When I was in college, every Saturday August to December was spent with countless hours covering college football. The hours I didn’t get paid for driving to far-away universities. The free time I devoted to working on the game stories that counted and the features that were extra. Maybe it was the stadium lights and smell of AstroTurf, or maybe I genuinely loved reporting–but I never complained about the overtime or weekend work.
Sure the game reporting was the glamorous part of my job.
Just hanging out on the sidelines at Death Valley with Anne Baker.
But those late Wednesday nights agonizing over the manifest with my fellow editors? Those nights were the ones that no one else on campus knew about; and the nights that I still somehow adored. Did we get the right stories? Do we have the right hierarchy? Were there enough quotes in that story? Did we cite the right sources? Does the picture match the story?
Working in newspapers wasn’t for the faint of heart or for those who prided themselves in lots of free time outside class.
Those of us on the newspaper staff were bonded in ink and coffee. They were relationships I could compare to few others because beyond the hours we shared editing or comparing news, we all cared on a core level about the motivation of our job. We all shared that idyllic philosophy about serving the community through providing balanced media. We were some pretty self-righteous college students : ).
So much time spent with this crowd. Photo credit to the gloriously talented Alisha Park Dakon.
News was a passion. Sports was a lifestyle. But, writing has always been my tonic.
2003 – I start my first journal and I still have one to this day (oh wow, hello 10-year anniversary).
2004 – I had my first reporting job with the local newspaper covering education.
2005 – I helped start our high school’s first online newspaper.
2007 – I joined The Appalachian, Appalachian State University’s student newspaper.
2008 to 2011 – I was able to report for publications across the East Coast and online covering various sports and athletic teams.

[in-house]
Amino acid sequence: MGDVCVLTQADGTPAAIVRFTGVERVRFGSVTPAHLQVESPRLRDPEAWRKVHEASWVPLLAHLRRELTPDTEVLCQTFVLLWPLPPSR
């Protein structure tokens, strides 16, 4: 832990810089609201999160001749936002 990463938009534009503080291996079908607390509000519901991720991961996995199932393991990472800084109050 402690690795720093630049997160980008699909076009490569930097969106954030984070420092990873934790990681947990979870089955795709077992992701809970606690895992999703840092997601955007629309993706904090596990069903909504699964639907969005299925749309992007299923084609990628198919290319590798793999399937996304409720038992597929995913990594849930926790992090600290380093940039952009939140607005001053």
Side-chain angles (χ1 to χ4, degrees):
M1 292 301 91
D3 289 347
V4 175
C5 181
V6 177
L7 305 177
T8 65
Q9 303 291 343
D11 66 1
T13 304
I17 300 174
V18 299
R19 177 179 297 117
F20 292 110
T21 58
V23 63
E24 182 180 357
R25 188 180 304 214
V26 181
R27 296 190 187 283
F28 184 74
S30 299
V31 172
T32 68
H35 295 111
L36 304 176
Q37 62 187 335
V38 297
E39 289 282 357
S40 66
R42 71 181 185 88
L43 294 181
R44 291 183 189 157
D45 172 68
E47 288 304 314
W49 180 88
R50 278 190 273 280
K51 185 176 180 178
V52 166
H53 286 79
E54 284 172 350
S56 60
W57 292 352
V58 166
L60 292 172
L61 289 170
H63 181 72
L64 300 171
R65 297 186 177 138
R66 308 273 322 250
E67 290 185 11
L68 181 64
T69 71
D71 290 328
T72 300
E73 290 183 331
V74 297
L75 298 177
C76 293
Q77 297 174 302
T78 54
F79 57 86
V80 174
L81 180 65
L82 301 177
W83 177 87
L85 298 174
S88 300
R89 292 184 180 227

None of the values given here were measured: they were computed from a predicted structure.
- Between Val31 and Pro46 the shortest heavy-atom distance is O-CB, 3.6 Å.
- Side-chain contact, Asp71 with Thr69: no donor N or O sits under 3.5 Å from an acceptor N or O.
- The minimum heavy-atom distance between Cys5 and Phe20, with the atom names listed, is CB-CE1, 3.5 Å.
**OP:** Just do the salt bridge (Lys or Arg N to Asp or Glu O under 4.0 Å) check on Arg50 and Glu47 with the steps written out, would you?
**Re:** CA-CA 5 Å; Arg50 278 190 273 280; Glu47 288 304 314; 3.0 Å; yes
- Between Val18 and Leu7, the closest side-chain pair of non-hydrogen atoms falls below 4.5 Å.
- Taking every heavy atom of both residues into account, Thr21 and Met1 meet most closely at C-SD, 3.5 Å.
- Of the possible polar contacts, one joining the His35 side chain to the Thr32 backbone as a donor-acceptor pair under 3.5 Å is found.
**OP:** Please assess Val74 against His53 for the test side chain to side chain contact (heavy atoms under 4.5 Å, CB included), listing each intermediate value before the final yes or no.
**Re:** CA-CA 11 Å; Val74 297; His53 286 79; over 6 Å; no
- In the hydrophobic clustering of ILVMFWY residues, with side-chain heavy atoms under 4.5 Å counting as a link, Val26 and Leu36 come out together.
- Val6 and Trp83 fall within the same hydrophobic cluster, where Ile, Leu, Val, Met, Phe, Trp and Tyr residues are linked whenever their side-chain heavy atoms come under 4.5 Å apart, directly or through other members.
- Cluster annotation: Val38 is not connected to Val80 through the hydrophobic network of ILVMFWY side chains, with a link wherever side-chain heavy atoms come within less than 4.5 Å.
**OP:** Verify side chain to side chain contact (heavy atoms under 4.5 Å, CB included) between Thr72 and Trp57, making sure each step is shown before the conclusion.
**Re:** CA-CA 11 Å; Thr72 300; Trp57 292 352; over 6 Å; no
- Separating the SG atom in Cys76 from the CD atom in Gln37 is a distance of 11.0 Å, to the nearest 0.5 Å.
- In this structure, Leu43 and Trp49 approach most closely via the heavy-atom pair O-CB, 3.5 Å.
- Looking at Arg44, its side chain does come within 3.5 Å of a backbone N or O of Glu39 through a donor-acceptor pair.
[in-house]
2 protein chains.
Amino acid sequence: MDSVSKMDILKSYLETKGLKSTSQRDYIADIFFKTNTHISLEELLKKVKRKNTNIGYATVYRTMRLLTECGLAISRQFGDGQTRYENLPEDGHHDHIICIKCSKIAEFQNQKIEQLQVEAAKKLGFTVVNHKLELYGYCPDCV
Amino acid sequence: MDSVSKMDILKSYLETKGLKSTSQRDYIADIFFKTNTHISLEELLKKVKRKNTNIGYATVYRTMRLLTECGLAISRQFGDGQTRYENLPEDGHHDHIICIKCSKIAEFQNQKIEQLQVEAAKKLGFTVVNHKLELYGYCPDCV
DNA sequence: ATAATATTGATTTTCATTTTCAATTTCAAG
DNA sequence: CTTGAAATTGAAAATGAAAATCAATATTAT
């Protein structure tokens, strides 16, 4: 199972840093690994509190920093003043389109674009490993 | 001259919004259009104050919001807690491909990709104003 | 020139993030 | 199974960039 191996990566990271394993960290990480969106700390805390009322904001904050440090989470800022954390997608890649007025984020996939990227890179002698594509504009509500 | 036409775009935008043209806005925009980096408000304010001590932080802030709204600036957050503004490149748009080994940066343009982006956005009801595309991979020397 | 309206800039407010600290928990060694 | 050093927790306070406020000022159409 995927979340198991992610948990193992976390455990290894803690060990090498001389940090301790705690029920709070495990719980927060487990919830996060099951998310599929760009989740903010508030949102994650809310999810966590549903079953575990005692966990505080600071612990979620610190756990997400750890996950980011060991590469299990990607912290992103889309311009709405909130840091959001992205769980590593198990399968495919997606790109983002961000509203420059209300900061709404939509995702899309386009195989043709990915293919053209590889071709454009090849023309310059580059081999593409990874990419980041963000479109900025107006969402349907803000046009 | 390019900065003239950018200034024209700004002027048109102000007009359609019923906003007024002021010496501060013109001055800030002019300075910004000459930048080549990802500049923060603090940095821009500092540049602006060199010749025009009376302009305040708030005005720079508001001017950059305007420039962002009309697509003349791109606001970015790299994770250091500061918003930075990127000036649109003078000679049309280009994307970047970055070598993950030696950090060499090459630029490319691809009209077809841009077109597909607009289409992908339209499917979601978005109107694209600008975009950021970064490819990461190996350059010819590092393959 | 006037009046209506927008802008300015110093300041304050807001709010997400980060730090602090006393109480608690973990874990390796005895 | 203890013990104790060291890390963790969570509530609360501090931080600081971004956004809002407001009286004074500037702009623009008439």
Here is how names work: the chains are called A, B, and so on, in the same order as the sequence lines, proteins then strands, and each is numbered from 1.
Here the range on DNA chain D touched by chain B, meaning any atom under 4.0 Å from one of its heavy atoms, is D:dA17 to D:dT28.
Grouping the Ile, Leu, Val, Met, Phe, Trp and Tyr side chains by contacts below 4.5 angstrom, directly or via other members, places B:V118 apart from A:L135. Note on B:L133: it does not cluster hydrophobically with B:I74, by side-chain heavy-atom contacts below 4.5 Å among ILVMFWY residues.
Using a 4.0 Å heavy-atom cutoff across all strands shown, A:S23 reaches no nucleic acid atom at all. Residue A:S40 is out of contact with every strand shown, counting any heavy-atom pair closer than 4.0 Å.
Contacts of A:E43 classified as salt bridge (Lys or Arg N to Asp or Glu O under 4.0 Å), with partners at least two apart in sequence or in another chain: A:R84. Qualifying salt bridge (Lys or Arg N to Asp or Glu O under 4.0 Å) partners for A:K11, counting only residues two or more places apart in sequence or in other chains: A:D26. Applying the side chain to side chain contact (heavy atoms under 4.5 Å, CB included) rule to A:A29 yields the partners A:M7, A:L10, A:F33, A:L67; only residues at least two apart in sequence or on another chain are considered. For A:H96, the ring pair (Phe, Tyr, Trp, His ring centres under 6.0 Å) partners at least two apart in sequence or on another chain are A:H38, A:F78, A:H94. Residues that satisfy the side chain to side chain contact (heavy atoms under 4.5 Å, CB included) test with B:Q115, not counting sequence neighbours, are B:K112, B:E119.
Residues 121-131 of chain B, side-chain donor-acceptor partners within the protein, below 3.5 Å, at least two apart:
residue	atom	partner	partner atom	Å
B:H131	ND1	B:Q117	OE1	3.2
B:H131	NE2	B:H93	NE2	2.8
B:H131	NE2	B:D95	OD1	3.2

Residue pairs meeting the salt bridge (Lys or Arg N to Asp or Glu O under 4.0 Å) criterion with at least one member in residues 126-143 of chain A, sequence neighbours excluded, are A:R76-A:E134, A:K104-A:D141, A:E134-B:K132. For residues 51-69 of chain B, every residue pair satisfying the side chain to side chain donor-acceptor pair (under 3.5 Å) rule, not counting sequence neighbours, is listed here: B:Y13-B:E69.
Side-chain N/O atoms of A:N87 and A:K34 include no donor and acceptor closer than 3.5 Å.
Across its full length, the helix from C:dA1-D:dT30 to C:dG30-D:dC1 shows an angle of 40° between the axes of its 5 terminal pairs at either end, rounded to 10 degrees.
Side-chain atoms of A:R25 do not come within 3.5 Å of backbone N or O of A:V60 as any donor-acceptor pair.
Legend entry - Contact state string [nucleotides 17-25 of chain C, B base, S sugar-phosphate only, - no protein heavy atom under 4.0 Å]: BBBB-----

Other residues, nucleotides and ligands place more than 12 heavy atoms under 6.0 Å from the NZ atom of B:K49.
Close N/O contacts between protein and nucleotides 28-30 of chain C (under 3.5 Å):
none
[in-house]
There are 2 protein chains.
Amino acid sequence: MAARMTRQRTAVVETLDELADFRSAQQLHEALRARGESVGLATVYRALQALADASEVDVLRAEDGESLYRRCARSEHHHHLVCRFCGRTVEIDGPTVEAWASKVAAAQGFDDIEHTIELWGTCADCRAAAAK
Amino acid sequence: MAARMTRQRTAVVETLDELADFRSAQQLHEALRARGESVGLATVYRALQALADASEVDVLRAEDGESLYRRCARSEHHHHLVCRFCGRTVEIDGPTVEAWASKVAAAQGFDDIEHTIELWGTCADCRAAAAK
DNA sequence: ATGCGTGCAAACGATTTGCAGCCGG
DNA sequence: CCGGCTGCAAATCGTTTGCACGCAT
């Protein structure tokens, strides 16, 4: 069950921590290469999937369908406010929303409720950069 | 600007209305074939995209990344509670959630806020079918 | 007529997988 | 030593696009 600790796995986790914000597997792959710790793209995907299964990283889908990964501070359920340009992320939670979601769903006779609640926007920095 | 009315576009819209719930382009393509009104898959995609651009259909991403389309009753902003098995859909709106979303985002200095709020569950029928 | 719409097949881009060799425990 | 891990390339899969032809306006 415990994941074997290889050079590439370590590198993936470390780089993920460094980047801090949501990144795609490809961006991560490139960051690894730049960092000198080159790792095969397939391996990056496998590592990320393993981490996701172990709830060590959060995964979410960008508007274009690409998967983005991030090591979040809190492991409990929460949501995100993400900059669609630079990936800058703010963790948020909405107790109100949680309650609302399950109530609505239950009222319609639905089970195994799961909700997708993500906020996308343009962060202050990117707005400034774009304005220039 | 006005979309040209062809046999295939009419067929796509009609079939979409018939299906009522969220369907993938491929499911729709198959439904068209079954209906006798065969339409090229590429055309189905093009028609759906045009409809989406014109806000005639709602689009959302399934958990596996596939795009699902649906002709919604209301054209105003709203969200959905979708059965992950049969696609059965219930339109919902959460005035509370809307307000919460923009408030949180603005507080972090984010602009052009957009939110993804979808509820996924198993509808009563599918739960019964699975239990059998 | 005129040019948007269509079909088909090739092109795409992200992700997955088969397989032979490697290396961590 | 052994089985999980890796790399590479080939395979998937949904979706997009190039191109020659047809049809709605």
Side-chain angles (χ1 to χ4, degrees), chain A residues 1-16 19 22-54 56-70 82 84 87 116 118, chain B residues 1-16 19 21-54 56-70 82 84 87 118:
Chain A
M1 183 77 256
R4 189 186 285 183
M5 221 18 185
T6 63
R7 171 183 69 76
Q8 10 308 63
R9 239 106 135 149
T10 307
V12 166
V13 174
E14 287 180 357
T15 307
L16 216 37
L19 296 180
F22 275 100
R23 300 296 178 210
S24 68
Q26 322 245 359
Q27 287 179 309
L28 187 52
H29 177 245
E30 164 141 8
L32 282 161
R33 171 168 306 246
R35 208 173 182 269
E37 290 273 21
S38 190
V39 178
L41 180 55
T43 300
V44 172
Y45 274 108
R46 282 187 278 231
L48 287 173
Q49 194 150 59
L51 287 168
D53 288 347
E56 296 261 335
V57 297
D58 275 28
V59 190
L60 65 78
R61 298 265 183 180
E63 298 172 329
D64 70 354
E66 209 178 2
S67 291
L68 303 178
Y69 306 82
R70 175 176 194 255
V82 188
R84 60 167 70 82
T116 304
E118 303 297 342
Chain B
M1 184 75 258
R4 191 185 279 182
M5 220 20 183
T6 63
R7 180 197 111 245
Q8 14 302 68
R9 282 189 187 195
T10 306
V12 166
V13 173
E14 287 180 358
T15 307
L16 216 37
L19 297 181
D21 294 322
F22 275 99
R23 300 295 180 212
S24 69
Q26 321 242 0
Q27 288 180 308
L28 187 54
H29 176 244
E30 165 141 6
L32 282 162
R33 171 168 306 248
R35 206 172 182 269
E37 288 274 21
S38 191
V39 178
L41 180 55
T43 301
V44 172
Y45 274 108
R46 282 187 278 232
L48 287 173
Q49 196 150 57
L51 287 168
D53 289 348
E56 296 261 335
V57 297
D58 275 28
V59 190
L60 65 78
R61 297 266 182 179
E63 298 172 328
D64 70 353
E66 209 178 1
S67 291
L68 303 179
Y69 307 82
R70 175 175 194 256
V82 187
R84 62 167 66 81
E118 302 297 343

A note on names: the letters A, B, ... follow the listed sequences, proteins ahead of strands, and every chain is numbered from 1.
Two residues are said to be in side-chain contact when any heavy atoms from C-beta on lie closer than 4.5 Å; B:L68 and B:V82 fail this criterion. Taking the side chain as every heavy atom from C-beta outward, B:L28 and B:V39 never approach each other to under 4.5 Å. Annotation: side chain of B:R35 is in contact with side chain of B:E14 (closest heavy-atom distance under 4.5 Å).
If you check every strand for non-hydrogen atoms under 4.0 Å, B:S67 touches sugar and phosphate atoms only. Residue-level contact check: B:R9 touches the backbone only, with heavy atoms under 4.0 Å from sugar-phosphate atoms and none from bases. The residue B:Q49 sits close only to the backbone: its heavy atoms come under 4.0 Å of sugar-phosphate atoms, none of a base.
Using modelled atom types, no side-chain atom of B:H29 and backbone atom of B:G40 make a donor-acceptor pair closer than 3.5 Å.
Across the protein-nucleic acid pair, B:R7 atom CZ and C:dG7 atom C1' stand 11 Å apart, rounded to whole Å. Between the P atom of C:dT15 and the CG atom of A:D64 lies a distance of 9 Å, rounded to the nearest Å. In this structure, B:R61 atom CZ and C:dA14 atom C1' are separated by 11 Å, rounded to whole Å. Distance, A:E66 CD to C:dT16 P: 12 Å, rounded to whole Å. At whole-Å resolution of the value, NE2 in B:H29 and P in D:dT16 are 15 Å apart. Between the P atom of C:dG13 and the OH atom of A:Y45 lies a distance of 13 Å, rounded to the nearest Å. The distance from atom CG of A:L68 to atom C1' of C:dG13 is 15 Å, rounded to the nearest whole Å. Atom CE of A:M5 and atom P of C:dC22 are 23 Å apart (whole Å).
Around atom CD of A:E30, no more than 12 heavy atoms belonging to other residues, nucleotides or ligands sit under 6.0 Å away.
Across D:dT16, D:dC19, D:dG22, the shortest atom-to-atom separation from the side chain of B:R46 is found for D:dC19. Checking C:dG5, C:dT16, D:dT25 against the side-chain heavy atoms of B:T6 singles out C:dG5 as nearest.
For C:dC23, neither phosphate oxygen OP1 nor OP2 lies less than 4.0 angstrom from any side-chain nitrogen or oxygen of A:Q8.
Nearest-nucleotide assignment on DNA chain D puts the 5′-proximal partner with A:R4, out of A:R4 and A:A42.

Reporting, while I have tried to deny it a couple times, has almost always been a part of my DNA.
But sometimes life happens. And you graduate college in the middle of a recession looking for a job in a dying industry. Newspapers weren’t hiring and while online publications were, I suffered a bit of a crossroads crisis. Communications overall has always been a passion of mine––I had a degree in Public Relations as well, after all–maybe I should broaden my skill set.
At the time I was in a serious relationship that had always been long distance. It was time to give local a try. So, Winston-Salem it was. And keeping with journalism wasn’t in the cards.
I went door-to-door with advertising agencies. I had no experience; but knew that I could be a quick study and I truly always had loved branding and marketing. I loved the science behind consumer behavior and was fascinated with creative campaigns.
Luckily I visited Woodbine on the day that their CFO had five minutes to spare for a little blonde girl knocking on the door with a resume and ready smile. I swear if Wanda hadn’t spent those five minutes then, she wouldn’t have been there to say “I think we should talk to that Ashley.” I wouldn’t have gotten that job in advertising and I wouldn’t have been able to spend three years at an agency that became my family. (Wanda and I fell in a different kind of love that day—three years later, she’s my Winston-Salem mama.) I’m going to save that for a separate post though.
Advertising was great. It was. And I invested myself. I learned about the industry. I immersed myself in my clients.